I found this paragraph helpful in framing the problem:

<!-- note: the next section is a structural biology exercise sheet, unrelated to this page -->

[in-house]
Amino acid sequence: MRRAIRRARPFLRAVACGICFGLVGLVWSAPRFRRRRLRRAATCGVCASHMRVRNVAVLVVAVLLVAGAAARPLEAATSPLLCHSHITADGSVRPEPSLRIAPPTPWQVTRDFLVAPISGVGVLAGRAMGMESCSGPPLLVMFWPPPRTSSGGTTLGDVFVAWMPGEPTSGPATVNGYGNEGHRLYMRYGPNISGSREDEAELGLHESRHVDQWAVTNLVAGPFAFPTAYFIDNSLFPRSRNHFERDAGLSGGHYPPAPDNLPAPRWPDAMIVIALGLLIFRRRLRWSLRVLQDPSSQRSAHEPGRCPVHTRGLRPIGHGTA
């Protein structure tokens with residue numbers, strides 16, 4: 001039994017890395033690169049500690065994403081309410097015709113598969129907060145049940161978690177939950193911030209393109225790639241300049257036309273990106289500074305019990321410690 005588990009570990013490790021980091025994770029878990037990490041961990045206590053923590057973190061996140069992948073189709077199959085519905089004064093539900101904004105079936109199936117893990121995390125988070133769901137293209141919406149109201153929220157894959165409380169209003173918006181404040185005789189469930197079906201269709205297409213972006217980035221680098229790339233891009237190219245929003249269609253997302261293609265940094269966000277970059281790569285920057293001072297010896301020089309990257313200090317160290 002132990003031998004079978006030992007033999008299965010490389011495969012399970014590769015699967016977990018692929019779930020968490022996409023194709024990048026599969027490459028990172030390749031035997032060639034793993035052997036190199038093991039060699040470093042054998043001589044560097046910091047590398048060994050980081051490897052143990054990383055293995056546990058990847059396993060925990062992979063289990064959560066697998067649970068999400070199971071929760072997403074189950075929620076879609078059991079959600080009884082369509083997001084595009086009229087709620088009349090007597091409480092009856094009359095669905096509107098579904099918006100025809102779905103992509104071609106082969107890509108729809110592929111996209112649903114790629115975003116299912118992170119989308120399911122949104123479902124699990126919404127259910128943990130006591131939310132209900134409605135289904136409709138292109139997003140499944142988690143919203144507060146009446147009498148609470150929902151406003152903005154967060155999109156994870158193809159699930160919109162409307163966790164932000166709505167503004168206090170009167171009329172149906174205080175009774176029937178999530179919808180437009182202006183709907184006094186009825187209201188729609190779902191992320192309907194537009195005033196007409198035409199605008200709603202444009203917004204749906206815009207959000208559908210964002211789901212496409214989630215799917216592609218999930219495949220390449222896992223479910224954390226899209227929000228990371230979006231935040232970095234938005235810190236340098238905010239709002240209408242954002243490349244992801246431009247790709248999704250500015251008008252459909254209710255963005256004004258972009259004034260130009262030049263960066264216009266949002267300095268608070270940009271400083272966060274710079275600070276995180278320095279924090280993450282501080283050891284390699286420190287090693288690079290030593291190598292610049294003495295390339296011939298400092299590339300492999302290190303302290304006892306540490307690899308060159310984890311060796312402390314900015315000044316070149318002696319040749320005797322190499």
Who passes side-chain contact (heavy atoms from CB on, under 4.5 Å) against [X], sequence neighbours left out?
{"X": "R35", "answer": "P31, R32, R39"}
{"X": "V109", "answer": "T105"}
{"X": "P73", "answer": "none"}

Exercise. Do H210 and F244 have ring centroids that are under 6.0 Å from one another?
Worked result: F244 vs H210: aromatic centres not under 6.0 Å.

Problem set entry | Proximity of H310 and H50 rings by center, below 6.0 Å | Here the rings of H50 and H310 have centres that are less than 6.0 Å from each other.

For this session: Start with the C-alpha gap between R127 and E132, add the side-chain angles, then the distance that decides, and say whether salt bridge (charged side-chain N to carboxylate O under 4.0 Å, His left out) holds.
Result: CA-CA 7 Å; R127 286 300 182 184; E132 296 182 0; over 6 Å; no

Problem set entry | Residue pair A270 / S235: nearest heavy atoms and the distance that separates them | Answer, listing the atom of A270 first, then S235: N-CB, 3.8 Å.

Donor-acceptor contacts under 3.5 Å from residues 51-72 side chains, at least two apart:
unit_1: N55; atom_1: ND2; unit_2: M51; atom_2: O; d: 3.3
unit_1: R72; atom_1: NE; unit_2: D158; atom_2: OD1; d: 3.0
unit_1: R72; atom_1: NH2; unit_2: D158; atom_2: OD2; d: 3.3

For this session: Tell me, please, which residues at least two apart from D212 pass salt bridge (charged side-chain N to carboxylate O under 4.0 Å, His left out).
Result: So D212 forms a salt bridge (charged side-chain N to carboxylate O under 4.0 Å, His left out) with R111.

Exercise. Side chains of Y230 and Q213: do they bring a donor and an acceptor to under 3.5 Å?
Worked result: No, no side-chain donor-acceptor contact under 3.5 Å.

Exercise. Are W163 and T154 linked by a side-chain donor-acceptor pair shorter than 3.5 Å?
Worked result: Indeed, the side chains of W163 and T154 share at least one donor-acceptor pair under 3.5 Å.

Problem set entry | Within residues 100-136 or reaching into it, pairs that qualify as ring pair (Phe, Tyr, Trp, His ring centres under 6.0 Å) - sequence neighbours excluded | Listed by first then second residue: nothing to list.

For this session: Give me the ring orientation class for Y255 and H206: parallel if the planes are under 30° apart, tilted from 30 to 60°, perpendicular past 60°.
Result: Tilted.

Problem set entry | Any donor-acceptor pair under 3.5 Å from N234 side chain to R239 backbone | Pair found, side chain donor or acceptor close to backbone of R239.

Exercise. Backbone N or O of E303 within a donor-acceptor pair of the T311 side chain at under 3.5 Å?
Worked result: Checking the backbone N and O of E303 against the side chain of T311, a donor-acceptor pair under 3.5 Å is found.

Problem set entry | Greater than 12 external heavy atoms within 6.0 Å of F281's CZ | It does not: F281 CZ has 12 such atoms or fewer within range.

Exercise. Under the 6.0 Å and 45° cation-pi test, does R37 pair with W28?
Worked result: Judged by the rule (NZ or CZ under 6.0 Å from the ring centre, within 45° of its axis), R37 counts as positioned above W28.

The central problem in implementing [the supervenience thesis] has been that of defining a supervenience relation that will fill the twin requirements set forth: first, the relation must be nonreductive, that is, a given domain can be supervenient on another without being reducible to it. Second, the relation must be one of dependence: if a domain supervenes on another, there must be a sturdy sense in which the first is dependent on the second, or the second determines the first. But it has not been easy to find such a relation. The main difficulty has been this: if a relation is weak enough to be nonreductive, it tends to be too weak to serve as a dependence relation; conversely, when a relation is strong enough to give us dependence, it tends to be too strong-strong enough to imply reducibility.